5. Can we stop forgetting once the event is over? While the media goes over the top in coverage for a few days when the action is hot – it completely forgets to follow up after a few days except for revisiting for a day on the Anniversary of the event. After all that what happened in Uttarakhand last year, do we now know if the lessons have been learnt and sufficient precautions have been taken while reconstruction?? Can we say with confidence that come another flood, the scale of destruction will be much smaller?

I am not sure may be these are empty rants of an individual which may not be practical. But I am certain that for a country like India which generally thrives on chaos, it can do without that in the times of natural disasters atleast. As Nature “Cut” Uttarakhand and “Pasted” Jammu and Kashmir this year it could be another state next year. It will be good to see some lessons learnt and new initiatives taken under the task master Prime Minister.  I will then vouch for the arrival of “Ache Din”!!!

You could play a part in the R&R efforts in J&K. You could send in your donations if you wish to

  1. Prime Ministers Relief Fund – Visit here for Online donations.
  2. Uday Foundation – Link here.

Madras 375 – Not out!!!

HappyBD MAdras

I’m not a Madras boy. Not born there.  Didn’t quite spend my formative childhood years there.  Have not worked for long in that city as well. But have been frequenting Madras as a visitor since the late 80’s enough to suffer from “Madrasitis” :)  Ergo, as Madras, the oldest city the British built in India celebrated its 375th birthday last week I couldn’t help recount the different vignettes imprinted in me around Madras. I am aware that at best that can only be an inside view of an outsider, nonetheless an honest one I promise.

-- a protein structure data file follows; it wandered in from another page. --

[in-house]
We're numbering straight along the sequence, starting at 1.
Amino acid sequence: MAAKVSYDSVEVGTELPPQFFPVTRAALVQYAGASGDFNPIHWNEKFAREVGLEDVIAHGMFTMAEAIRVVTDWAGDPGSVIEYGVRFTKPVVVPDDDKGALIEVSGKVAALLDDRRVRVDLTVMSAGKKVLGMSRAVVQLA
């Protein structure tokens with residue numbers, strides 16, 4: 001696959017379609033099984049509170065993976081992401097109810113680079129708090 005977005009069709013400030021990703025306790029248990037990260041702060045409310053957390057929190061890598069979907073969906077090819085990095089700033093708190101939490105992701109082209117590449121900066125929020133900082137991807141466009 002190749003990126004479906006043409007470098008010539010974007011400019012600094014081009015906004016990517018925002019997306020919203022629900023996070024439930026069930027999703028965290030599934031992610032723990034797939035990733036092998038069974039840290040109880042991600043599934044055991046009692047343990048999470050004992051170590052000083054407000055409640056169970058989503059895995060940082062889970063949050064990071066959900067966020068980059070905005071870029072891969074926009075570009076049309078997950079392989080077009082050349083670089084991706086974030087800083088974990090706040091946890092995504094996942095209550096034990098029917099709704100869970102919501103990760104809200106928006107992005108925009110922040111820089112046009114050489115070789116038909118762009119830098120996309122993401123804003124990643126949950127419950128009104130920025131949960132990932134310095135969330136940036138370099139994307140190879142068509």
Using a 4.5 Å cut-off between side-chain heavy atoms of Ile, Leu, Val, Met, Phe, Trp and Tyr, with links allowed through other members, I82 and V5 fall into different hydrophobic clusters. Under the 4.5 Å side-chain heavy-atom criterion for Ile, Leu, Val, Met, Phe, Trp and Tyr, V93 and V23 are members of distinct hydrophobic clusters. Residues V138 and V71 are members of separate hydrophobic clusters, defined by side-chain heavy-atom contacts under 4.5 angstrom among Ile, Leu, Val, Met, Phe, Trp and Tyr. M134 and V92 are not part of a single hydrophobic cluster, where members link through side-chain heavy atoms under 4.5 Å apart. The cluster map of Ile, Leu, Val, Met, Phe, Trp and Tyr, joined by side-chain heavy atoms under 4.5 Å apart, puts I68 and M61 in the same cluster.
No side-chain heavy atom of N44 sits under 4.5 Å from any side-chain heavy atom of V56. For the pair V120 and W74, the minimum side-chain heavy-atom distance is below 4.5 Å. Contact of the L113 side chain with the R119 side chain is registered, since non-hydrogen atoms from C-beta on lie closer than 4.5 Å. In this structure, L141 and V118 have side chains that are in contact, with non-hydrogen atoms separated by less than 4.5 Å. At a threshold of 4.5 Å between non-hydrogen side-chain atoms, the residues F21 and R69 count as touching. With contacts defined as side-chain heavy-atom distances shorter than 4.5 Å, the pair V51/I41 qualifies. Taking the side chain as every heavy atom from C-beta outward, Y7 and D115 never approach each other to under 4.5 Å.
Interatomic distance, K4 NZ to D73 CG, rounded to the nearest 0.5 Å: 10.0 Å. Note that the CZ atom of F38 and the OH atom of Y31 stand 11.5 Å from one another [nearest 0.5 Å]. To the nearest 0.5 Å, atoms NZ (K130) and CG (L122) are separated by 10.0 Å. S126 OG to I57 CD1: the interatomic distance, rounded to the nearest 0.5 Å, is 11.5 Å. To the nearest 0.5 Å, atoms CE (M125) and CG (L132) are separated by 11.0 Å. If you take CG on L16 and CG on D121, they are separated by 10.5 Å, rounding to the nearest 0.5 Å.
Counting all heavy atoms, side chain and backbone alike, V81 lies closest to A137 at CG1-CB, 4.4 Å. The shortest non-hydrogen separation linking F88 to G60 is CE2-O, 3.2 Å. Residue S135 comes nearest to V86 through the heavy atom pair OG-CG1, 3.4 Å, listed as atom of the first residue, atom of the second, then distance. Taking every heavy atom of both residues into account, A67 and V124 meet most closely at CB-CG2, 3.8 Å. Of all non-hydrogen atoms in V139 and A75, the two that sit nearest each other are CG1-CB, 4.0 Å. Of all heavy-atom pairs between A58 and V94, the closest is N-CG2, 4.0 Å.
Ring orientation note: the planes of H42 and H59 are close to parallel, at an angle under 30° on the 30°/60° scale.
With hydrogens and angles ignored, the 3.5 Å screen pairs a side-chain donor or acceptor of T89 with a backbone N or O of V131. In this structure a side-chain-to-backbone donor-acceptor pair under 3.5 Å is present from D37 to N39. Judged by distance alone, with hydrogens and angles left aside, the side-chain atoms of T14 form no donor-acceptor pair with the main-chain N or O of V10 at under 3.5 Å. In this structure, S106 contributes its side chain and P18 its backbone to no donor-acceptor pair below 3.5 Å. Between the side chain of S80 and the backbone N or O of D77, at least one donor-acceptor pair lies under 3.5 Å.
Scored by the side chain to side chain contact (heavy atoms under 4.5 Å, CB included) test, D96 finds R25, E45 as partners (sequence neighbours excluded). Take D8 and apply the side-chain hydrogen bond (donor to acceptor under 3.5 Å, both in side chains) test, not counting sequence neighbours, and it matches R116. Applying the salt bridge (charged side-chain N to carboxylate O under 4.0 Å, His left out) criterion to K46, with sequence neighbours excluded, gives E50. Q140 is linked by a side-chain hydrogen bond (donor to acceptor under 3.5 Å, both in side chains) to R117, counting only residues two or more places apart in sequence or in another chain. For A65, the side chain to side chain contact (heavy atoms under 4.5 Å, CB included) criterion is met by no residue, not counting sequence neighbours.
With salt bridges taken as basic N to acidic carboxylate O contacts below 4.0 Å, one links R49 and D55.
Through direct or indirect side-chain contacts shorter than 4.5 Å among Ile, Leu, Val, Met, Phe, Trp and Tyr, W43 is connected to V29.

I have very foggy memories of the first 4-5 years I spent as a child in the 70’s.  So, nothing much really to recall except that we were staying few minutes away from Luz corner at Mylapore which is today stereotyped as the cultural nerve centre of Chennai.  So my account is all from the 2 years I spent in Madras when I worked in the 90’s and the few days I spend on and off every year mostly on business and at times otherwise.

Conservatism was at the heart of Madras. Keeping a low profile, being simple, not showing off and to some extent being subservient were drilled into as essential behavioural requirements for children. This drill over a period of time got into the genes and brought up Madras as a quintessential traditional society. A talented A.R.Rahman or a Superstar Rajinikant or a brilliant Maniratnam all products of this Madras would always be grounded even while flying high in their respective careers.  This conservatism had its share of problems as well.  Bachelors would find it difficult to get accommodation. Survival in Madras for outsiders if you didn’t know the language was a nightmare.  The opening up of the stock market in the 90’s and later the IT boom slowly brought what is today a cosmopolitan cut to the once traditional Madras. But there were other good things which didn’t have to wait for long. The beaches for one.

The Edward Elliot’s beach in Madras just few kilometres away from the more famed Marina beach was not as popular but had a quaint appeal to it.  With not many shops or eateries as it is today, the beach was clean and was a jogger’s delight. The sea with its characteristic rough and not so rough demeanour was inviting to even a diehard hydrophobic. As a child, standing in the water and getting lashed by the waves was an exciting pastime. Little one realized then that it would be the same even when you grew up. The mobile Aavin Van booth at the beach served the best fresh flavoured milk in town then.  The Marina beach ahead had a different flavor. More crowded, more eateries, more noise and more love birds hiding behind boats and under fishing nets only to be discovered by young boys selling ‘Manga Thenga Pattani Sundal’ a unique recipe of Sundal (Peas) generally sold only in the beach. As the evening fades and the dark sets in, the rotating light from the lighthouse gives you the signal to start packing off – and you do so reluctantly only to come again another day.